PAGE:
The critical question driving this is that the front-line soldier is the most valuable person in the force. That soldier, in today's transforming force, can bring in the firepower of an entire air wing. He's much more than just a guy with a gun. What makes that possible are things that we today in 2002 take entirely for granted -- handheld GPS units relaying precise location, little computer-controlled winglet gadgets that attach to gravity bombs and glide them to their targets, infrared night vision devices that can see simple things like IR-reflective tape that allow a soldier on the ground to do IFF (identification friend or foe), and so forth. Indeed the US technological advantage is such that the DoD prefers to do battle in the dark -- unlike almost every other military on earth. That's not a failure in my book.
posted by dhartung at 1:51 PM on May 30, 2002

Mark13, just out of curiosity, could you give an example of a fielded weapons system that fails 50% of the time? Could you give an explanation of your reference to Vietnam? (What failure of technology -- other than misuse -- caused the US to lose that war?)
posted by joaquim at 1:53 PM on May 30, 2002

The law of unintended consequences (by Edward Tenner) is going to wreak havoc with the Department of Defense. Like the nuclear bomb, we are investing in superweapons and technology which will probably lead to our own destruction.

I would admit though, that technology can help win wars, or help prevent them, but any technology is limited by the people who use it. By the time we come up with the technology that can completely prevent someone from carrying a suitcase sized nuke into a major urban area, there will be a new, easier way to kill millions of people. Which brings me to my next point: the more sterilized the killing environment is, the easier it is to kill. The end result will be even more death and destruction. It's a lot easier to kill someone if they aren't right in front of you. Sure, in the short run, less American soldiers may die, but can't you imagine the havoc a generation of American children desensitized to violence could wreak on people all over the globe, given the right technology? Look at how much damage we did from thirty thousand feet with two bombs, in World War II? You can avoid the problem of the morality of killing if it is nigh impossible to distinguish the difference between simulation and reality.
posted by insomnyuk at 2:06 PM on May 30, 2002

The wars of the future will not be fought on the battlefield or at sea.
They will be fought in space, or possibly on top of a very tall mountain. In either case, most of the actual fighting will be done by small robots. And as you go forth today remember always your duty is clear: To build and maintain those robots. Thank you.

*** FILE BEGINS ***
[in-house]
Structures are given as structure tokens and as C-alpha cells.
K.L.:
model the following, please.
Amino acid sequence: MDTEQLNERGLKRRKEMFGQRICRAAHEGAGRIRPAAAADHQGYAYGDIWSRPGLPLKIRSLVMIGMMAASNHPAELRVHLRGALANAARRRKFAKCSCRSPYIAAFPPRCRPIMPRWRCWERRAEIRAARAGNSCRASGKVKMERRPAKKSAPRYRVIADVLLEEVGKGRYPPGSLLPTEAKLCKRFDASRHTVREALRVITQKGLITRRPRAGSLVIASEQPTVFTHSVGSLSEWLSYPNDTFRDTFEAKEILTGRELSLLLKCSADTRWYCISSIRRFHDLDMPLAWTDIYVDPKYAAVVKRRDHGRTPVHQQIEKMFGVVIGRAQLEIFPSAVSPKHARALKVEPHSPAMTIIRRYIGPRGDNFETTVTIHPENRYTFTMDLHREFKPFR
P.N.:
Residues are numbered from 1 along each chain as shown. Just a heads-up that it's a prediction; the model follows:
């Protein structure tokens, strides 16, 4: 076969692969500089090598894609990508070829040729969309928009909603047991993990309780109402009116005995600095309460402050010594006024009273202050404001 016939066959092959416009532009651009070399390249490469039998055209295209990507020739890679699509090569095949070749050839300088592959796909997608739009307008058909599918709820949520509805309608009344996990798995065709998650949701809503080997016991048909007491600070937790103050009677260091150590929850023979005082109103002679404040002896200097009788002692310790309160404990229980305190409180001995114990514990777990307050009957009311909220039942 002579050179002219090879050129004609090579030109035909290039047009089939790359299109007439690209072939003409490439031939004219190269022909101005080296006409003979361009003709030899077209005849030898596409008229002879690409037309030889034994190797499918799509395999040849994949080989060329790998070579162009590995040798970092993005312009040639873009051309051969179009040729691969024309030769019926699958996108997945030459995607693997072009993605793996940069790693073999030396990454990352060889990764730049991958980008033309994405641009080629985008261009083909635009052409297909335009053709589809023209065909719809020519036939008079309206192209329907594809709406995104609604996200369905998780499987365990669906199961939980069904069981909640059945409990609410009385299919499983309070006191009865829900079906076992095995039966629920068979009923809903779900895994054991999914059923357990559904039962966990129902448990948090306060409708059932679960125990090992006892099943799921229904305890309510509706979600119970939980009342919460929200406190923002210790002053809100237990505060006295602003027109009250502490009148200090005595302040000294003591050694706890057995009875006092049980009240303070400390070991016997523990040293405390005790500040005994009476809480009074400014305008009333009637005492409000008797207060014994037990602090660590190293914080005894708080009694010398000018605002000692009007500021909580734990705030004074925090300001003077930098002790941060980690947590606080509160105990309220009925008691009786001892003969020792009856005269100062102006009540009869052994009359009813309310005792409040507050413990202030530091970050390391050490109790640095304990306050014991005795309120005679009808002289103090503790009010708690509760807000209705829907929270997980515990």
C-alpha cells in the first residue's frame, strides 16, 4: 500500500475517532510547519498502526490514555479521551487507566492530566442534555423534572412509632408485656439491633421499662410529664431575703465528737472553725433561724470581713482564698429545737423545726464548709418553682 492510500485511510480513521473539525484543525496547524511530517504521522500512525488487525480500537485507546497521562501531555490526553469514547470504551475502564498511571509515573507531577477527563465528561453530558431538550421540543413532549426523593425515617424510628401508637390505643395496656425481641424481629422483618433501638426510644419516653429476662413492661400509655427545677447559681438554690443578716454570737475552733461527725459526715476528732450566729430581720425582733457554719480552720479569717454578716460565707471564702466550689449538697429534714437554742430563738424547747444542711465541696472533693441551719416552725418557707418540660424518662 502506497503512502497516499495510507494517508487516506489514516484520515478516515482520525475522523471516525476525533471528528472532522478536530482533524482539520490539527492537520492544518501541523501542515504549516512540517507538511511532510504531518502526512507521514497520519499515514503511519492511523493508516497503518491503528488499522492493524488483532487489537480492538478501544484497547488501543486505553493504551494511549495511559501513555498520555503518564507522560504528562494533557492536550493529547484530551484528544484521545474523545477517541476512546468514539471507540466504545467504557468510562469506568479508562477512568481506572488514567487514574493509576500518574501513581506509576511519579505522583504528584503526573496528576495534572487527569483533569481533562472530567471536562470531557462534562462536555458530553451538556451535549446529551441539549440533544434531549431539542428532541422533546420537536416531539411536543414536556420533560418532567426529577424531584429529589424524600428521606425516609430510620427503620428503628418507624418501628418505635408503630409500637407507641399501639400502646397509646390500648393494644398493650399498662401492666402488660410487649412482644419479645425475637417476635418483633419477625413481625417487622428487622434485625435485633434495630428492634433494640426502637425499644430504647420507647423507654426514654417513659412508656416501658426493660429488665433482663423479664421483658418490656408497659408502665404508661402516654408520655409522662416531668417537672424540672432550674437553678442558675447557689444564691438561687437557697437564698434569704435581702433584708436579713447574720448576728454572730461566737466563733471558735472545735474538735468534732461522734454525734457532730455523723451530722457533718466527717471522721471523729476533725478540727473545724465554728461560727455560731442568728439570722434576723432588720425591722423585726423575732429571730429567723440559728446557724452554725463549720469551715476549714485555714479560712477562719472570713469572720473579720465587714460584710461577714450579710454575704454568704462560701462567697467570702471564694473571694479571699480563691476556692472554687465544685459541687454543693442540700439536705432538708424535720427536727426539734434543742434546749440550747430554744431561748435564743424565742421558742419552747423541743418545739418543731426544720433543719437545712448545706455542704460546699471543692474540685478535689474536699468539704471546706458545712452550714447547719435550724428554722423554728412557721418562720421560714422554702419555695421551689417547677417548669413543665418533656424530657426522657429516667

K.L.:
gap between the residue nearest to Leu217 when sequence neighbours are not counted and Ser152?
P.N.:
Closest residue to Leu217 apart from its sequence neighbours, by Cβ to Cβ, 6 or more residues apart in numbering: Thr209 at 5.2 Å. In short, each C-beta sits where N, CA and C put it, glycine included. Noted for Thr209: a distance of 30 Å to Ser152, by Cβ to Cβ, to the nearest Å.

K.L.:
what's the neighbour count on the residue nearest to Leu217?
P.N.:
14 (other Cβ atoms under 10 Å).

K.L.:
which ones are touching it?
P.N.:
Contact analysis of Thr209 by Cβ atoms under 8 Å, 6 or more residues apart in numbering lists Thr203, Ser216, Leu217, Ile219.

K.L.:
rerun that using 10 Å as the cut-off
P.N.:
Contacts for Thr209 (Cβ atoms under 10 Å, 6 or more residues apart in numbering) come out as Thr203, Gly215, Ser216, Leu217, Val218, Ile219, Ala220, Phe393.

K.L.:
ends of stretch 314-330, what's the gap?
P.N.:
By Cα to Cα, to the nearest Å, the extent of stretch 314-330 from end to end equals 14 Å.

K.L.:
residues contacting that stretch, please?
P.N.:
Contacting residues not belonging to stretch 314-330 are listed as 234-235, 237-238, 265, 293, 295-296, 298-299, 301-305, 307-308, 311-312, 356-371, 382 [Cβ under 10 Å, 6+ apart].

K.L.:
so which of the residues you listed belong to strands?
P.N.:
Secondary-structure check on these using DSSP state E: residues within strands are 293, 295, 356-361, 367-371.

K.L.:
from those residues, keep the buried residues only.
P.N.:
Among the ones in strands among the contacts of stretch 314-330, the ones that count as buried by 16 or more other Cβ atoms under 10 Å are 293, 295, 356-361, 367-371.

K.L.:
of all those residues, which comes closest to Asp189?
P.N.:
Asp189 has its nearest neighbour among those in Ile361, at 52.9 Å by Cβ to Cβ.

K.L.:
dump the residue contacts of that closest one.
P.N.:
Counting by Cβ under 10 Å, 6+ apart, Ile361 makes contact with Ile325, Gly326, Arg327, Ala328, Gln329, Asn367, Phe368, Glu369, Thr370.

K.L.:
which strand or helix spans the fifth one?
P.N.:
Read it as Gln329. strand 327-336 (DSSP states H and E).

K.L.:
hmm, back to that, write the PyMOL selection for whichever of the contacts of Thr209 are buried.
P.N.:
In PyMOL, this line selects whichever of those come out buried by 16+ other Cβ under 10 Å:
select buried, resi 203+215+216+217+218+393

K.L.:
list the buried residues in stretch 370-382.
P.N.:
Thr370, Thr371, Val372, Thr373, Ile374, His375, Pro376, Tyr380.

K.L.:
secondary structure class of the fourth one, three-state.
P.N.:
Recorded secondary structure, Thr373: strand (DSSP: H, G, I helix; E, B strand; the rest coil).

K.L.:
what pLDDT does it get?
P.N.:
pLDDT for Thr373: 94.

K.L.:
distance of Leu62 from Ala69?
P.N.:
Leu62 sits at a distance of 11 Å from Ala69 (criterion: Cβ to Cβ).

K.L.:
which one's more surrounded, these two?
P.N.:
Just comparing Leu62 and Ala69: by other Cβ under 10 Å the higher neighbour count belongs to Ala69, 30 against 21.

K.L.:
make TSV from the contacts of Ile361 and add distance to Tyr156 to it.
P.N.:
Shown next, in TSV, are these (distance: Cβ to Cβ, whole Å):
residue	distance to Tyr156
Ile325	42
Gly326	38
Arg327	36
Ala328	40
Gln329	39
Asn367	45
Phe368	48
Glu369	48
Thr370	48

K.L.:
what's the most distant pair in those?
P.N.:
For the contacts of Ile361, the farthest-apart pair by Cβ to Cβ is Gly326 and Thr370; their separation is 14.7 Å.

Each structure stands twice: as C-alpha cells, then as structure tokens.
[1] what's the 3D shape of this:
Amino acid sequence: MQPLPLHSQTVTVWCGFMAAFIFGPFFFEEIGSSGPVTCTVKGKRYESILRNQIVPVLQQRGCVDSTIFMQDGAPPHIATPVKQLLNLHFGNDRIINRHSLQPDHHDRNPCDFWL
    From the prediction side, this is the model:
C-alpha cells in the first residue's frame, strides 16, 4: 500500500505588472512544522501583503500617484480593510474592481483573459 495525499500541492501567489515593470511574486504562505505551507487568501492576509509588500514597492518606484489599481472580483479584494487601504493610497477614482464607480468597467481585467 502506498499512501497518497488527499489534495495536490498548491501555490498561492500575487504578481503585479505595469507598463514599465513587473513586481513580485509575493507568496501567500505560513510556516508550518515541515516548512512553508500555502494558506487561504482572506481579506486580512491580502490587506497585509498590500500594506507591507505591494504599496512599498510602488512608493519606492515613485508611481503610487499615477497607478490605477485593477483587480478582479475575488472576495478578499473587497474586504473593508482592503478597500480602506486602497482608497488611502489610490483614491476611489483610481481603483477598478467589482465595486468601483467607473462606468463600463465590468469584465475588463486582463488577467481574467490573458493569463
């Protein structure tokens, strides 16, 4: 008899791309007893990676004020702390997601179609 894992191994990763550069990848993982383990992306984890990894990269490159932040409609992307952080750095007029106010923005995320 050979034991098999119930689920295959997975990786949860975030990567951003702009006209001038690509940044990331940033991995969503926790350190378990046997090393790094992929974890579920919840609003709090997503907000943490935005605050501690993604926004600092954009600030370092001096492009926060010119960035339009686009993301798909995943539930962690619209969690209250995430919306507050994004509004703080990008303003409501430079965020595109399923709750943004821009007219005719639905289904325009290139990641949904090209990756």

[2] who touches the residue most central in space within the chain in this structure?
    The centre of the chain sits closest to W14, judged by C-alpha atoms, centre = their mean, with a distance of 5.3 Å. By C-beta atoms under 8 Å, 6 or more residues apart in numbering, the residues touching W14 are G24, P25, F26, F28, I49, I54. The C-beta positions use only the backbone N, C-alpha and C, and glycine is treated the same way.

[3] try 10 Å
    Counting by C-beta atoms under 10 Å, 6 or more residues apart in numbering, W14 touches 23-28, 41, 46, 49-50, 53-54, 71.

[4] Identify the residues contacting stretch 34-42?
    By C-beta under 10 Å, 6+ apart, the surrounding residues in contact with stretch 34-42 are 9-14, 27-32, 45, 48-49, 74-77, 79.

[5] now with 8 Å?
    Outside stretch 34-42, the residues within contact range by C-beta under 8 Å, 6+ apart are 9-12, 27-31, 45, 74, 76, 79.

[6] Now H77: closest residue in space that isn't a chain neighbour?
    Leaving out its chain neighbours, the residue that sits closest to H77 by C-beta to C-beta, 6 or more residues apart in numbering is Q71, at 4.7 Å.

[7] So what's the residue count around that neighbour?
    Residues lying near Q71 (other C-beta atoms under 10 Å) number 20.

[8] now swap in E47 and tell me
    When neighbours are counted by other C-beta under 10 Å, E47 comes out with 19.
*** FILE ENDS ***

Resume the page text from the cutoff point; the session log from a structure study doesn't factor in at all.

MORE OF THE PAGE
posted by signal at 2:10 PM on May 30, 2002


The Pentagon doesn't exactly publish this sort of information for current weapons systems. However, many examples in the recent past are telling:

The Polaris missle, for which the warheads would fail to detonate 100% of the time years after deployment.

The S-3 aircraft, which most of the time was unable to properly communicate with its sonobuoys, a problem that went unnoticed for years, and unfixed for a while as well.

The AIM-7, which when first deployed, could barely hit anything. In fact, no BVR weapon worked to pilot satisfaction until the Gulf War.

And I think the point of the Vietnam comparison is that the DoD seems to think that technology can cure all that ails them, while that is simply not the case. Technology can cure many things, but makes many others worse.
posted by Ptrin at 2:46 PM on May 30, 2002

Cool--I know someone who is working on one of the vehicles in the Wired article. Good science, though a bit disorganized.
posted by MrMoonPie at 2:57 PM on May 30, 2002

The military has been working on networked systems for a while. (The Force21 digital battlefield program is at least 10 years old.) It's more intranet than Internet, and hasn't really advanced beyond a certain point because everything has to be designed to work with old equipment and there are massive legacy systems integration problems. Equipment that's being manufactured now (i.e. new BRadley fighters and Apache Longbows) has this stuff embedded.

Everything else gets mounted with minimal hardware/software under the "Applique" program - which is exactly what it sounds like - a bunch of disparate systems hacked together. special ops people get the cool stuff; everyone else gets Vietnam era crap with GPS-enabled laptops "bolted" on.
posted by lizs at 7:11 PM on May 30, 2002


I talked to engineers at Lockheed and they were baffled by your claims about the Viking and Polaris. I haven't heard from Raytheon about the Sparrow yet. Do you have any references I can show to LM and RSC? Thanks.

The DoD does not believe that technology can solve everything. They are convinced, however, that correctly applied technology can reduce the risk to US forces and enhance those forces' capabilities to carry out their mission. Part of my business is selling technology to DoD, so I have first-hand knowledge of their skepticism.
posted by joaquim at 11:14 AM on May 31, 2002